Lights, camera, action!


Carmel grad Laura Baker brings a little bit of Hollywood home

By Mark Robinson

Carmel will be going a little Hollywood next month, thanks to a native college student who has aspirations of making it big in tinseltown.

Laura Baker is a 2011 Carmel High School graduate now majoring in film directing and post-production audio at Columbia College in Chicago. For her senior capstone project, she is directing a short film titled “Tread” and will shoot on location in Carmel, Sheridan and Indianapolis in early January. She is bringing a crew of 40 production people from Chicago to spend a week here, and last weekend conducted open auditions for local talent to star in the movie she hopes to place in numerous film festivals to garner its (and her) notoriety as she prepares to launch her career in May.

Baker has already earned acclaim in the industry with a film she wrote and directed in high school. “Shades of Grey” earned a spot in the high school division of the Indianapolis-based Heartland Film Festival and was screened locally. The project was developed during Baker’s two years taking International Baccalaureate film classes at Carmel High School, providing the foundation and inspiration for her to follow her dream of being a director in Los Angeles.

“That IB program is really what sparked my interest in actually pursuing a career in film,” Baker said from Chicago, where she is one of several Carmel graduates attending Columbia.

Baker said she is “very honored” to have been chosen to direct the capstone project because few are granted that opportunity. “Obviously everyone wants to be a director,” she said. “It’s a very powerful position, you get to do a lot of creative things that branch out through all the departments. A lot of people desire to do that, but not many actually get to take a film through the pre-production process into production and really make something amazing.”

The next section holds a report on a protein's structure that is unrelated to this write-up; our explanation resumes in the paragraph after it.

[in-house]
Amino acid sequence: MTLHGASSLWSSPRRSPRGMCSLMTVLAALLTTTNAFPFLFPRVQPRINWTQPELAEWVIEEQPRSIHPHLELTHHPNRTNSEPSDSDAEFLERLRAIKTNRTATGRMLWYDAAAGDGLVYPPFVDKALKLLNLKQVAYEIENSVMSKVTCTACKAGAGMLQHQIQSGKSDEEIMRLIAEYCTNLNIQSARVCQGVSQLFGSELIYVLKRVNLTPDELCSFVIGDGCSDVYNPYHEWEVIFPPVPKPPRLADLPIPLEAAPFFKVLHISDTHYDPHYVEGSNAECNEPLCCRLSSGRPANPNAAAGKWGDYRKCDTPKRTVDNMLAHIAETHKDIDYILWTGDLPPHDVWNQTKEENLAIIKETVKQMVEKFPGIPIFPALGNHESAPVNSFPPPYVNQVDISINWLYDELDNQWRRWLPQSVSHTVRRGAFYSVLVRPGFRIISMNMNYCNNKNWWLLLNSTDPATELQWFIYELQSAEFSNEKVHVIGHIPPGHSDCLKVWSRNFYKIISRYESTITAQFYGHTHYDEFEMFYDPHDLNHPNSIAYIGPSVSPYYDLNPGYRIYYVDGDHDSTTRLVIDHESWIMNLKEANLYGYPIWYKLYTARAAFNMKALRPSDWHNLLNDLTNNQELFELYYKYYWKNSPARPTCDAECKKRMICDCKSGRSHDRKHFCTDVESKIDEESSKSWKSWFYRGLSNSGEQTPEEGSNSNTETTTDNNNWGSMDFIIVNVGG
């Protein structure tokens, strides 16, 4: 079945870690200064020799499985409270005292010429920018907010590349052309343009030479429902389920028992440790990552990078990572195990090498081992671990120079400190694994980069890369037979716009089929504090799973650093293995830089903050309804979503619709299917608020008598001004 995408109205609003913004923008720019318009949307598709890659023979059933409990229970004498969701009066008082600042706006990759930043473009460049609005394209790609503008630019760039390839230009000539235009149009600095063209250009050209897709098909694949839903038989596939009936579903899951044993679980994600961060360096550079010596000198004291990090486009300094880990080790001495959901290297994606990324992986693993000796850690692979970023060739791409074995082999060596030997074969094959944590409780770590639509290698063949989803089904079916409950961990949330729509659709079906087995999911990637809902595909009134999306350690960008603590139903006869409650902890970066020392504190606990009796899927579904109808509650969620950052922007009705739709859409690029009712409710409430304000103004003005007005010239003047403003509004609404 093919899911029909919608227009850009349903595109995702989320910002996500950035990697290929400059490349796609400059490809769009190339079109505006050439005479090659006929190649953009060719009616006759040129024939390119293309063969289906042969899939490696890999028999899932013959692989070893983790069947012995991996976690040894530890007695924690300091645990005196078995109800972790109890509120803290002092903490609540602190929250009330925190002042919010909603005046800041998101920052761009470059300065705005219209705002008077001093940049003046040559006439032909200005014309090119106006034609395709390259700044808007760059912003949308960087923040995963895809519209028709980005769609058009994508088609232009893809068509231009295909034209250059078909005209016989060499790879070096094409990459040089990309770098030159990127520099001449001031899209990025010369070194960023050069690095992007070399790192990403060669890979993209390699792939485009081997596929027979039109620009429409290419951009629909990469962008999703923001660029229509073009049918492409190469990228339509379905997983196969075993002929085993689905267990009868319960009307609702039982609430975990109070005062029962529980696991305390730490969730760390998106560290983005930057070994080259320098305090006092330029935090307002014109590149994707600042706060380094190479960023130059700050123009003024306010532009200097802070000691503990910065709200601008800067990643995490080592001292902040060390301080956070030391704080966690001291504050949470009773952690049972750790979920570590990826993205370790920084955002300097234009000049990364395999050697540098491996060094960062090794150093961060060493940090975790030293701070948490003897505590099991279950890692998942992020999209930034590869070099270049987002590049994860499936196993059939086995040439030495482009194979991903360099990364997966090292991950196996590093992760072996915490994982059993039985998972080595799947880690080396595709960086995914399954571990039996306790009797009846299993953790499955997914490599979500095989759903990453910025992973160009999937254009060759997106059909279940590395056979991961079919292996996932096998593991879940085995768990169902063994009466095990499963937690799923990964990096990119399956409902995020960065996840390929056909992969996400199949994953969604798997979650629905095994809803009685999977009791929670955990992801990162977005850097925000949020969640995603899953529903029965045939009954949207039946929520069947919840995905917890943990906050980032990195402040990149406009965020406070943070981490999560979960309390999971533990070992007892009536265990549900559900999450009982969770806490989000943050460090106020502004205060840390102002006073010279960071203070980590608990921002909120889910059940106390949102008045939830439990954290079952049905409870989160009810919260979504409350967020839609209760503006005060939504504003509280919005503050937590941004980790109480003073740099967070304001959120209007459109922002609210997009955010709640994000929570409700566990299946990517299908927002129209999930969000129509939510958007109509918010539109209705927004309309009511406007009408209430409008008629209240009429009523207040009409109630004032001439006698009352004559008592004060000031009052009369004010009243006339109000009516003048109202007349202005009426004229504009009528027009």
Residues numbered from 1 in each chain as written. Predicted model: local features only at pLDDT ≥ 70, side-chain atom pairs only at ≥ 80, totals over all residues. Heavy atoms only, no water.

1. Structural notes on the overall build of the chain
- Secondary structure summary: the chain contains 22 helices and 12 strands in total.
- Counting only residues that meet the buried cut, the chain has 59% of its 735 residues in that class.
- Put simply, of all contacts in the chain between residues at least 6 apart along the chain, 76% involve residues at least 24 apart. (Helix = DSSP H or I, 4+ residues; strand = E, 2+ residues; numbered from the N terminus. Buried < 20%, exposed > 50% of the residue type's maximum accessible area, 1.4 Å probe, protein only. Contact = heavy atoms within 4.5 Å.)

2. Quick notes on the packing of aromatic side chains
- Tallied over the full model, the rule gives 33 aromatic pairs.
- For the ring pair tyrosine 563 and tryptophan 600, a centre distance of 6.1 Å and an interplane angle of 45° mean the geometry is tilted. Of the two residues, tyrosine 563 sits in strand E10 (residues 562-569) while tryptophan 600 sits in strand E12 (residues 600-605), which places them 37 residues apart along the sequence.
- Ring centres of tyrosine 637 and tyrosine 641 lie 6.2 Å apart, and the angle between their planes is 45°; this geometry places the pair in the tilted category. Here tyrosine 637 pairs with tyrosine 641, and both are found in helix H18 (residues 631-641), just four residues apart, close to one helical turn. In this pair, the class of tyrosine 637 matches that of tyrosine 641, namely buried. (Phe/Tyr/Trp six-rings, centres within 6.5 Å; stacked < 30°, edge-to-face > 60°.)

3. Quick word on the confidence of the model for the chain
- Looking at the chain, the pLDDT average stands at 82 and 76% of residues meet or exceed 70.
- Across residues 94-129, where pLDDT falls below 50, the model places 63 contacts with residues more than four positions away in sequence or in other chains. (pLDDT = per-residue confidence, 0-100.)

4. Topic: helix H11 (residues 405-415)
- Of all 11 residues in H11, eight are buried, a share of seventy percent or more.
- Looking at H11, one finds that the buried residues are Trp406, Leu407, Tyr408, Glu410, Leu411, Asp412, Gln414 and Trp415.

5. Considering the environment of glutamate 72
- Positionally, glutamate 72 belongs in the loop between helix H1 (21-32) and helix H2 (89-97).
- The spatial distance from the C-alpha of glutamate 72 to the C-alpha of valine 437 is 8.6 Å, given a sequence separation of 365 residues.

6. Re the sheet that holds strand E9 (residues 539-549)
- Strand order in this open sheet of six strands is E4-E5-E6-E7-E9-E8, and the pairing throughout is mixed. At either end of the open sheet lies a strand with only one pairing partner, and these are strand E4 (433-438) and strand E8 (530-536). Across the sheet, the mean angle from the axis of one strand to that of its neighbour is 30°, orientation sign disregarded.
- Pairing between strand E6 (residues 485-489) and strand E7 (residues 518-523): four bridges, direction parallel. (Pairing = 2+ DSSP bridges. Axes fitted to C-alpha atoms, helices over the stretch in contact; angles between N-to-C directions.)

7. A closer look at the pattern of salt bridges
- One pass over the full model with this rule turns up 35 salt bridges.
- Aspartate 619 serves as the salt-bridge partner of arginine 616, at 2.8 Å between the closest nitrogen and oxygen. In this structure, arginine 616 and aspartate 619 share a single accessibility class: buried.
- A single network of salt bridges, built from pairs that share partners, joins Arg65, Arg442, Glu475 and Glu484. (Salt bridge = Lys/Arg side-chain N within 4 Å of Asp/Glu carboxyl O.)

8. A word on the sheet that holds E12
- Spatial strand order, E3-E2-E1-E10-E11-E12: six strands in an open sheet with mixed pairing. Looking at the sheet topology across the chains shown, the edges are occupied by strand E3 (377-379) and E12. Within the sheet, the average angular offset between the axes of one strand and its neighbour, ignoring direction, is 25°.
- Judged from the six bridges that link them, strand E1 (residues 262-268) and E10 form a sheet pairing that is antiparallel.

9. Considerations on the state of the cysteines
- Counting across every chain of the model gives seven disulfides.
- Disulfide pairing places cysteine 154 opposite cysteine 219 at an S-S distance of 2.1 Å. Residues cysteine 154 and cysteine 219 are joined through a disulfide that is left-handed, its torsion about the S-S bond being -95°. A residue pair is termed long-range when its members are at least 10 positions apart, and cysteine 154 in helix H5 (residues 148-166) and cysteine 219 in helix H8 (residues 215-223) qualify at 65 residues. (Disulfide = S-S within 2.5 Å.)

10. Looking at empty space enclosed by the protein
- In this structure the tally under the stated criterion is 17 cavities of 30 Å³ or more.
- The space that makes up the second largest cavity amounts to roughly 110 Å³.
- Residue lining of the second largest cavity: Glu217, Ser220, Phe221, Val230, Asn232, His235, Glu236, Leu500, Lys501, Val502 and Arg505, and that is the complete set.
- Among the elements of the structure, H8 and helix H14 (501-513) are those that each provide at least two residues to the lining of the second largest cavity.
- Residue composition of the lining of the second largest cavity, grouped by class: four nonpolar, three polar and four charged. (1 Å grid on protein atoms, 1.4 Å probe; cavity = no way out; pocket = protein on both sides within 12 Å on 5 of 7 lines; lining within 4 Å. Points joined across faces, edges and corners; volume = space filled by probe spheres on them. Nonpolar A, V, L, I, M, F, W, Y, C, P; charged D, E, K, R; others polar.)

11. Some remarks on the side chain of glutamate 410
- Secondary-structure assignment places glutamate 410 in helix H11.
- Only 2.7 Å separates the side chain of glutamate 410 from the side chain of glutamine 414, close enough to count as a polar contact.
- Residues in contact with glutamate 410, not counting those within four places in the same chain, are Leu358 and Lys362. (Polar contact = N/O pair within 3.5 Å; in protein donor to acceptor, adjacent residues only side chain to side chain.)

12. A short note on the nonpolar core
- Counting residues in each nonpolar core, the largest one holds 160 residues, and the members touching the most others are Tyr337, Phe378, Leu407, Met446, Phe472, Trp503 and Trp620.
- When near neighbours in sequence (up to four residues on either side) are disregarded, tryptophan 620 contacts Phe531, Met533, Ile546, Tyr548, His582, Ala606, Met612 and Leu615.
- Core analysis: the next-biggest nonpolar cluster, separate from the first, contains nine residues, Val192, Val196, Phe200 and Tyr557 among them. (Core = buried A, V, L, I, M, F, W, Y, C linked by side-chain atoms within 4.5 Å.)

Jim Peterson isn’t amazed whatsoever with Baker’s achievements. As director of theatre and film at Carmel and teacher of the only IB film classes offered at any Indiana high school, Peterson saw Baker bloom first-hand.

“Laura was a great student,” said Peterson, in his 23rd year at the high school. “She impressed me with her leadership skills, so it does not surprise me that she is killing it as a director. She had a tremendous intrinsic drive and was really focused when it came to her film projects.”

“Tread” follows the emotional saga of a teenage girl Riley who is dealing with schizophrenia following the death of her mother at a young age. Baker said it is a true story based on the film’s producer, Lacey Marshall, whose cousin lost her mother and suffers from paranoid schizophrenia. Riley endures auditory hallucinations where she hears her mother’s voice and is conflicted about following through on treatment because the hallucinations keep her mother alive in some respects. She fears losing that last connection.

“Who wants to take a mother away from a child?” Baker asked. “It’s kind of questioning is it better for her to lose her mother entirely. She’s just afraid that she might lose her altogether if she does pursue the medication route.”

Shooting is scheduled to take place locally from Jan. 5-11 and will include underwater filming at the IU Natatorium at IUPUI and the use of Indianapolis Fire Dept. rescue personnel. Baker said it will mark the largest out-of-state shoot ever for Columbia College and she plans to use some current Carmel IB film students as production assistants because “the experience is so important. When we were all in that program, it was opportunities like this that inspired us.”

The final product must be completed by the end of the spring semester and Baker said she will likely create several version lengths ranging from 10 to 30 minutes to enter “Tread” in as many film festivals as possible.

As director, Baker is responsible for all aspects of the project, including securing financing. She set a budget of $10,000 and has raised about $3,000 thus far, so she has created a crowd-funding site where individuals and groups can donate. She hopes organizations in the mental health industry will recognize the film’s importance and donate “because this is such a positive story that really helps people understand what schizophrenia is and how people deal with it every day.”

To learn more about contributing to Baker’s project, visit To make a donation to fund her film, send inquiries to 14303 Esprit Dr., Carmel, Ind. 46074.


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